LINKED

Week 3 of my book reviews featuring male protagonists is quite different from the first two—the endearing AN OCCASIONALLY HAPPY FAMILY and the intriguing plot of THE DOUBLE LIFE OF DANNY DAY. Both featured single first person narratives whereas LINKED has 7 different viewpoints stretched over 33 chapters. Seventh grader Lincoln Rowley takes 9 of those chapters and is the main focus of the story line.

Link, Michael, and Dana live in a quiet town. But it’s woken up very quickly when someone sneaks into school and vandalizes it with a swastika.

Nobody can believe it. How could such a symbol of hate end up in the middle of their school? Who would do such a thing?

Because Michael was the first person to see it, he’s the first suspect. Because Link is one of the most popular guys in school, everyone’s looking to him to figure it out. And because Dana’s the only Jewish girl in the whole town, everyone’s treating her more like an outsider than ever.

The mystery deepens as more swastikas begin to appear. Some students decide to fight back and start a project to bring people together instead of dividing them further. The closer Link, Michael, and Dana get to the truth, the more there is to face-not just the crimes of the present, but the crimes of the past.

Author, Grodon Korman continues to amaze readers with another winning plot. It’s a who-dunnit that will have you trying to figure out who is painting this hurtful symbol on school property. For Link it becomes personal after finding out his grandmother as a child and her immediate family were personally traumatized by the Holocaust.

The students come up with a plan to make a linked chain of 6 million paper circles, each commemorating a Jewish life lost. A very difficult task to undertake. When a popular online video star arrives in Chokecherry, Colorado to broadcast the efforts, he drums up a lot of hurtful past the town has tried to forget.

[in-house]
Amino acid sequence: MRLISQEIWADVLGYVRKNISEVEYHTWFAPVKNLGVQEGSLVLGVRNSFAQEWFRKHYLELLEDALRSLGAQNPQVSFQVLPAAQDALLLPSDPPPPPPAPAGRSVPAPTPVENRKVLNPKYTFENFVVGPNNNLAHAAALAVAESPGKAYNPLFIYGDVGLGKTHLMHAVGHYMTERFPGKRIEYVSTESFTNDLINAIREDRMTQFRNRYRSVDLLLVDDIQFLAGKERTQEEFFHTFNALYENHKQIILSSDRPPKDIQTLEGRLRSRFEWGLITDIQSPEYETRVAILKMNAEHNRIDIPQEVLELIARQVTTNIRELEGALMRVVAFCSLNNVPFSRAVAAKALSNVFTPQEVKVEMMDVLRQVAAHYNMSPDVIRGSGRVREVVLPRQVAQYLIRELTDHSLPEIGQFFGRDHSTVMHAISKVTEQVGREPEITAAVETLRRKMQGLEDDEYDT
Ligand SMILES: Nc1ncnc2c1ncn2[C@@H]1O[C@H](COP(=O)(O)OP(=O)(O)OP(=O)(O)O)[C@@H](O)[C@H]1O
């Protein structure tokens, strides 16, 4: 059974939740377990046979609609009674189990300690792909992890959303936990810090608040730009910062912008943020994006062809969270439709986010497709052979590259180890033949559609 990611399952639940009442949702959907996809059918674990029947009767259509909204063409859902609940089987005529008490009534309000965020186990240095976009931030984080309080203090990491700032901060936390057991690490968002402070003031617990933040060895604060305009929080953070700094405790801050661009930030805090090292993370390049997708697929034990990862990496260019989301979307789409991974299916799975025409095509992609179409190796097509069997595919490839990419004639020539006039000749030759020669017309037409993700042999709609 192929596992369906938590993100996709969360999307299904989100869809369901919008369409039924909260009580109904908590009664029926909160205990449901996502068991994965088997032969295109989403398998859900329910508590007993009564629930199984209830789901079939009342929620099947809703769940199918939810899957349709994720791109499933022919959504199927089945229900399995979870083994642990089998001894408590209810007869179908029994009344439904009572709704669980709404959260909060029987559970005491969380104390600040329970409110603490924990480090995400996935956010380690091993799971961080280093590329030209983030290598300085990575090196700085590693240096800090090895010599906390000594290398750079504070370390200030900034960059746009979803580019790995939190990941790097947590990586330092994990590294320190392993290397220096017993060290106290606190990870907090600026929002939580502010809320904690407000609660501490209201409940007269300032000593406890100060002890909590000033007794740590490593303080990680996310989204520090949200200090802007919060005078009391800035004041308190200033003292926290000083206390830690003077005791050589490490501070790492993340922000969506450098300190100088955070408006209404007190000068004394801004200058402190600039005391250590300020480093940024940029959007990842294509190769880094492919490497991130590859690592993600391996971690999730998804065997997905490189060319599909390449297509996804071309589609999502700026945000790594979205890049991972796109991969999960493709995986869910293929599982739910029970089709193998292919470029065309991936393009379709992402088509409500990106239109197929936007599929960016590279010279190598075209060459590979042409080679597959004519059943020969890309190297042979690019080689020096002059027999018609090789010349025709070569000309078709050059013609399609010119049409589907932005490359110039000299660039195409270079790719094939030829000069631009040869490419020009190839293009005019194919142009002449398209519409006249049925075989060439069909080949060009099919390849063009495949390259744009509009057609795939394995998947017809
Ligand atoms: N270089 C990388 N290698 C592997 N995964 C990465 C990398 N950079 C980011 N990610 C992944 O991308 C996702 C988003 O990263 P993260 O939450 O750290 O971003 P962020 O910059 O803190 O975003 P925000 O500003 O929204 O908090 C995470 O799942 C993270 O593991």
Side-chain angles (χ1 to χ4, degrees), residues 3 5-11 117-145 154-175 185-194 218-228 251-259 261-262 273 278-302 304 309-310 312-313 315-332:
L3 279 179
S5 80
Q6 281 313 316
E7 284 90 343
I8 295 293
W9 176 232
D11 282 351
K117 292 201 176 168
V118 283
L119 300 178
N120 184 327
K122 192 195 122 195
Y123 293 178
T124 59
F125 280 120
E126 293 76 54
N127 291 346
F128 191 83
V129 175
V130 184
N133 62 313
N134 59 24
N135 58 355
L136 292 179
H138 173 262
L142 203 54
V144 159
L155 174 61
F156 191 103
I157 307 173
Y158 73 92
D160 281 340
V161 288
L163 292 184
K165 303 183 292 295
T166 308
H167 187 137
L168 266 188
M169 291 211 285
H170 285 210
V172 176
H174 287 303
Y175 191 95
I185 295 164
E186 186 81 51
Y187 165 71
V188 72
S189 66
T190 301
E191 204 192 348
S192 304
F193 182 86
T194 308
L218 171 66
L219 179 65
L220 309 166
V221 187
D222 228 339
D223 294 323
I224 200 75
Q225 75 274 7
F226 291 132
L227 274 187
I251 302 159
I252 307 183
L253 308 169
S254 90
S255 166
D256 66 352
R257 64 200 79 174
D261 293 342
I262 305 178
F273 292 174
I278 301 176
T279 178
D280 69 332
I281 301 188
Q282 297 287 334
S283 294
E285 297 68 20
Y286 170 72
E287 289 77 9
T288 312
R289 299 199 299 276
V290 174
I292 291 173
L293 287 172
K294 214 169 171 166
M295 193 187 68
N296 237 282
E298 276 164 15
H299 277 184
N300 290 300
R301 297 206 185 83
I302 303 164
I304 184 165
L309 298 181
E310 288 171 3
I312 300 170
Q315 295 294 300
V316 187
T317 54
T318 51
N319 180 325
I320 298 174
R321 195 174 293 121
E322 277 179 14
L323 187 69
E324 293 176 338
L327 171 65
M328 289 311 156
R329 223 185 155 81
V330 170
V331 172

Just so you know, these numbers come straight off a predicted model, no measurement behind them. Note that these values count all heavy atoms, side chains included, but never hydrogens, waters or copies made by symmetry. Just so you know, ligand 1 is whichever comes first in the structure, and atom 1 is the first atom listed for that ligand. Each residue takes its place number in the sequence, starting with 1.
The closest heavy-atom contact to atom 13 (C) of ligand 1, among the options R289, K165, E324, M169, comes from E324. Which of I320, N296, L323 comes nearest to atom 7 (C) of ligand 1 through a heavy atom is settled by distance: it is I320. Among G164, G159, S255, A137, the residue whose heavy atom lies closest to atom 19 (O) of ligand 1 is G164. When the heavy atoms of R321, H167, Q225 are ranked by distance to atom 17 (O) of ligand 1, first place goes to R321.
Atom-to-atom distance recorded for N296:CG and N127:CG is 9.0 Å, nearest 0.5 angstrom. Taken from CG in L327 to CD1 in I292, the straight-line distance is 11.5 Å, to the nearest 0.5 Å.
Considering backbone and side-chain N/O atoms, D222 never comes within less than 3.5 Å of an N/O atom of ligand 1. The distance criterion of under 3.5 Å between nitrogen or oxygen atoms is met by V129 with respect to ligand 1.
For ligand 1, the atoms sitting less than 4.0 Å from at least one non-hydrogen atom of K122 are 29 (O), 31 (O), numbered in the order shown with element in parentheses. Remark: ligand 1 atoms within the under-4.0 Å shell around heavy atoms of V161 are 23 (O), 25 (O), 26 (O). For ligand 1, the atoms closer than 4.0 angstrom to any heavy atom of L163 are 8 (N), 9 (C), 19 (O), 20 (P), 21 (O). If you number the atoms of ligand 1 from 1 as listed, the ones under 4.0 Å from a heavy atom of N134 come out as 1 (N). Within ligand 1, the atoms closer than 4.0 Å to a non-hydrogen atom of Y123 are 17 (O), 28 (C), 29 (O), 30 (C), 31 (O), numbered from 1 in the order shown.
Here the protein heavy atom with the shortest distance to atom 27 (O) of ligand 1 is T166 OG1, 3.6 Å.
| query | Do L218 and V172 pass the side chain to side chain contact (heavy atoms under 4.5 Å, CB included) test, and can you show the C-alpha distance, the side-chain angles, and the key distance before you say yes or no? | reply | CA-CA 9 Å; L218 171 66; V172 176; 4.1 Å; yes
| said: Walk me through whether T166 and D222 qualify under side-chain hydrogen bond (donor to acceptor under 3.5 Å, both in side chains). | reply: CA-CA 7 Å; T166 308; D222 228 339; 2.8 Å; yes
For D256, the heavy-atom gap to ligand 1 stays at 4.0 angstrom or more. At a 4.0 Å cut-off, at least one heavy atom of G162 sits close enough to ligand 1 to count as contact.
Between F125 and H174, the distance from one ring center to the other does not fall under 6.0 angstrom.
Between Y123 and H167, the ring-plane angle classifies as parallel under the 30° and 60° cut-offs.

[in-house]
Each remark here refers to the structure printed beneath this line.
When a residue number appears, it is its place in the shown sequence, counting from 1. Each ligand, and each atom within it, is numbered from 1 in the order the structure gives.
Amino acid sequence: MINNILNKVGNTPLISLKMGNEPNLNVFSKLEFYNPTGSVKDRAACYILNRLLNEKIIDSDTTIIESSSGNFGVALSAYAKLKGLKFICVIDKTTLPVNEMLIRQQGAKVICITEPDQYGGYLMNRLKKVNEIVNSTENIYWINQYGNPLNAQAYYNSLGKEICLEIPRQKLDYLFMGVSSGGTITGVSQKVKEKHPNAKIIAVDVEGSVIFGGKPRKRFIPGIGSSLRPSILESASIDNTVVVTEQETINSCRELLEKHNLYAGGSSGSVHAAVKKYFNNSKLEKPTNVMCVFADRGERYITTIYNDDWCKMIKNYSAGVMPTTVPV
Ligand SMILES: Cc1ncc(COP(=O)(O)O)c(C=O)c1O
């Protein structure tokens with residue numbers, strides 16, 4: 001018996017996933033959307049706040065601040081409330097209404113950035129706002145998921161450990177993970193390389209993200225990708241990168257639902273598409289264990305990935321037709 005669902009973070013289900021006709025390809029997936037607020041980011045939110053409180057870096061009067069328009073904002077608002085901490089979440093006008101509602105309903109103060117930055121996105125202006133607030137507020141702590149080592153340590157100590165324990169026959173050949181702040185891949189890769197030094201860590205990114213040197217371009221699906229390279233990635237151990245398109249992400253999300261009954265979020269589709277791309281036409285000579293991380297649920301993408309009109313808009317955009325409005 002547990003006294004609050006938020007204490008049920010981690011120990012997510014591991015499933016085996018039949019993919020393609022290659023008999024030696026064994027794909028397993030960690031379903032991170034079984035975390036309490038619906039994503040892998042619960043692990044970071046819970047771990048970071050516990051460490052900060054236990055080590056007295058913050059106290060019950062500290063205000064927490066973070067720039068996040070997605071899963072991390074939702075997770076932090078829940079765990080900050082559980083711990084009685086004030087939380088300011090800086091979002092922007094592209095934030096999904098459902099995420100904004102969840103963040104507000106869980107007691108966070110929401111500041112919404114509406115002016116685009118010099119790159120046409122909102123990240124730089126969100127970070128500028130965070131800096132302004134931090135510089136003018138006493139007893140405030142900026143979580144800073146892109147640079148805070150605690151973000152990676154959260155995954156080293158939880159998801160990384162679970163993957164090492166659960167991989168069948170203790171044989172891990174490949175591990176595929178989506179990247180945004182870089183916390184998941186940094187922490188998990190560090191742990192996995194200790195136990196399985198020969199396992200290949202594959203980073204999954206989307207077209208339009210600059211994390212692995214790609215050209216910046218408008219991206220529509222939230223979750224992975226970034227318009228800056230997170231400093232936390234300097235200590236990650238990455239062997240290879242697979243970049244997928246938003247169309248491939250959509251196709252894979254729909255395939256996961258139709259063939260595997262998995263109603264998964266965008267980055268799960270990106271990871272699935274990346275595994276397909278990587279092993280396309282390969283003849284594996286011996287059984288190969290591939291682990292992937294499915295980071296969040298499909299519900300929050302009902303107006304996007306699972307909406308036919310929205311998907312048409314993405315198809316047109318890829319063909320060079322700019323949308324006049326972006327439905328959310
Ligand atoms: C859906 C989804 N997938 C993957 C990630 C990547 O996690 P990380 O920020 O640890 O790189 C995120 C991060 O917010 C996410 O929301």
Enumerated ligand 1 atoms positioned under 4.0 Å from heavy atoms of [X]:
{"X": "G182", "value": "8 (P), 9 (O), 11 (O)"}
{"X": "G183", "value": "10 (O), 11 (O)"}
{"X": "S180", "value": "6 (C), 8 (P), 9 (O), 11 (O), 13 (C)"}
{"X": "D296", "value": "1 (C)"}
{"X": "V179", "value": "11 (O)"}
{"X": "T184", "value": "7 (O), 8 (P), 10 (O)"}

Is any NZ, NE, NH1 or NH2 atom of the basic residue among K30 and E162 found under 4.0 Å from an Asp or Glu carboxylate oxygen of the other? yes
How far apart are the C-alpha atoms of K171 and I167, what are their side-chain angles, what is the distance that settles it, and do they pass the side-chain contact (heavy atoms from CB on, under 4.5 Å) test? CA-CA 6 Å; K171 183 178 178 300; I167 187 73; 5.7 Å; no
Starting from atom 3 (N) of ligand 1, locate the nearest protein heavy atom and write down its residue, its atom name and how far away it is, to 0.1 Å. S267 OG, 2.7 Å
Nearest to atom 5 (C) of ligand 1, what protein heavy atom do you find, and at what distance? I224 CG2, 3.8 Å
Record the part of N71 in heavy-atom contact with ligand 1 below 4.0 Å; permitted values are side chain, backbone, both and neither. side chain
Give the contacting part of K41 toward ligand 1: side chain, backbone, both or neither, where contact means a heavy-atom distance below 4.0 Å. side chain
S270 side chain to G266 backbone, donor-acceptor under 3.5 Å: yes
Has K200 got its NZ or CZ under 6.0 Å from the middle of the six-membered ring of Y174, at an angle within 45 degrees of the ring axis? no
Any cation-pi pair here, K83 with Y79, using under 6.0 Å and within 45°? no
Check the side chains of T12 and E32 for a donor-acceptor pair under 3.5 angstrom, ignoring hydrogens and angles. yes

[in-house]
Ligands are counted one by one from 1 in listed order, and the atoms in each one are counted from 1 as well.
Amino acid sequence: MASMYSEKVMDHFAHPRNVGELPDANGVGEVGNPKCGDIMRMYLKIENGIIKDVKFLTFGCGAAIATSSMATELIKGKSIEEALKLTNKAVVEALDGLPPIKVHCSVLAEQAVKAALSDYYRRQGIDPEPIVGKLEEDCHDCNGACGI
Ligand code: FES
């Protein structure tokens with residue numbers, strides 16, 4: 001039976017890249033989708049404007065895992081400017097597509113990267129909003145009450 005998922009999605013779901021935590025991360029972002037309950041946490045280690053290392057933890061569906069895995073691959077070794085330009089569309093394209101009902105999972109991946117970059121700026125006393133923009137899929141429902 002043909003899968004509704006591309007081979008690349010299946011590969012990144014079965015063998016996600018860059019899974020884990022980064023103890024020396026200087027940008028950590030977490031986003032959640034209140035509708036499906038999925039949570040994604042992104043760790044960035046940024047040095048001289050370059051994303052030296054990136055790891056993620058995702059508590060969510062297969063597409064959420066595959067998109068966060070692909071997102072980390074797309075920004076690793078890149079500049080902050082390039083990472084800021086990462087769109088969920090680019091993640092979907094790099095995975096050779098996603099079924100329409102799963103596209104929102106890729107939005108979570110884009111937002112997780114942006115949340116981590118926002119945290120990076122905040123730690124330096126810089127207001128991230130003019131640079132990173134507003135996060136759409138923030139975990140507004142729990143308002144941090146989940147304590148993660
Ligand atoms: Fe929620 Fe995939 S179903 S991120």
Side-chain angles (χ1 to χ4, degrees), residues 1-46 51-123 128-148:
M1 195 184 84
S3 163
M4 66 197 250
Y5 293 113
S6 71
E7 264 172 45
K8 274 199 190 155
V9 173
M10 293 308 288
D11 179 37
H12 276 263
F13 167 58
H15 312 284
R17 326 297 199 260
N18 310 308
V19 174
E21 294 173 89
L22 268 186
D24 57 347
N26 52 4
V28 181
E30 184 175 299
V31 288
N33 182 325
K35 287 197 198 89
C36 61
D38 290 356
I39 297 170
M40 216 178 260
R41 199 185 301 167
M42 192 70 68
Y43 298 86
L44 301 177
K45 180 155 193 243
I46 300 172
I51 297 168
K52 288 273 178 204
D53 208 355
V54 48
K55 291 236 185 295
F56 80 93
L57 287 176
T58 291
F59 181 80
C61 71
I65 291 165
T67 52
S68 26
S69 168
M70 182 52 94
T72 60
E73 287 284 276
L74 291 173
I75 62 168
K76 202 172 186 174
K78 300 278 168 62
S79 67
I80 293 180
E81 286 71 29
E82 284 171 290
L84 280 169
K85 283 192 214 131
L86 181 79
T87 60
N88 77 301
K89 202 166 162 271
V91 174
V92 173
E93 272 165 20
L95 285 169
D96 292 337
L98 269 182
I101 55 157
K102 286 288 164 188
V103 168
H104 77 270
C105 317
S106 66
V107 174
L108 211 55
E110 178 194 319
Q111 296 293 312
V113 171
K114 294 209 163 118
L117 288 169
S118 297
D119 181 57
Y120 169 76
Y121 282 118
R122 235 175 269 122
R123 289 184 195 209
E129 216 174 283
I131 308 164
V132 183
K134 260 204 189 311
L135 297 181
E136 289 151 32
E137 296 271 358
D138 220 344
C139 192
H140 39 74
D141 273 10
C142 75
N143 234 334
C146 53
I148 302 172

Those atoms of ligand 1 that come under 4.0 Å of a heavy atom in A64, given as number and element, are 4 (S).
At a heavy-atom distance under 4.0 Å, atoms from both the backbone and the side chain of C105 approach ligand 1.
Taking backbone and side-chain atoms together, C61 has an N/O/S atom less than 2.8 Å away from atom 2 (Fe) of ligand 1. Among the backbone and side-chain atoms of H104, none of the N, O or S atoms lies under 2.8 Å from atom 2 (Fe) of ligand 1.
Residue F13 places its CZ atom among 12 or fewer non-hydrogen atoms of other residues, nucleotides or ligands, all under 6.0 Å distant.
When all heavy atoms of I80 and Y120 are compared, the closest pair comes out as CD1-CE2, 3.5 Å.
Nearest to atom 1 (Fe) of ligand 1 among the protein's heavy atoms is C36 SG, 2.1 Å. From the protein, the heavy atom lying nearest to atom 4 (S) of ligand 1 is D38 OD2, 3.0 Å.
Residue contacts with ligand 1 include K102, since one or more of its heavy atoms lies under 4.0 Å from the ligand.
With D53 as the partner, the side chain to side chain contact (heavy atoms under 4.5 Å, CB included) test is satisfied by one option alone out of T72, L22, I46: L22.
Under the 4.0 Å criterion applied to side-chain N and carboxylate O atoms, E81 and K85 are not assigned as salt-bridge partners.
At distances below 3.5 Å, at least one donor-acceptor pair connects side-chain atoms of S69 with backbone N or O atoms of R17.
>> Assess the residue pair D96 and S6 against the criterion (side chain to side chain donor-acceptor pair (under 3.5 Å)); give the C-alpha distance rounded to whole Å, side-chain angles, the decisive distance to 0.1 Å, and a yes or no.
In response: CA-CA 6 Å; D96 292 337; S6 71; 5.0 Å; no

Racism and personal identity are not new issues but are covered in a thought provoking way in LINKED. I was surprised who was behind the graffiti after accusing many different suspects. But beyond the mystery is an understanding that will illicit rich discussion and a coming of age story that will stay with you for a long time.

BOOK BIRTHDAY: July 20, 2021 PAGE COUNT: 256

FIVE MORE THINGS TO LIKE ABOUT: LINKED by Gordan Korman

  1. There’s also a light touch when needed with Korman’s trademark humor. He has assembled a realistic cast of characters here—especially the students.
  2. Is it possible to forgive someone for a hateful act? This aspect of the story was well plotted out.
  3. This is a rare book that various generations can enjoy. If you’ve never read middle grade this is the perfect one to begin your journey.
  4. The motivation to write the story came from The Paper Clips Project at Whitwell Middle School in Whitwell, Tennesee.
  5. The use of a TIKTOK video star will bring you up to date as to what tweens and teens are viewing online these days. It’s a whole different world.

ABOUT THE AUTHOR, Gordon Korman

I’ve been writing for more than three-quarters of my life. My books have been translated into 32 languages and have sold over 30 million copies worldwide. I have a BFA degree from New York University with a major in Dramatic Writing and a minor in Film and TV.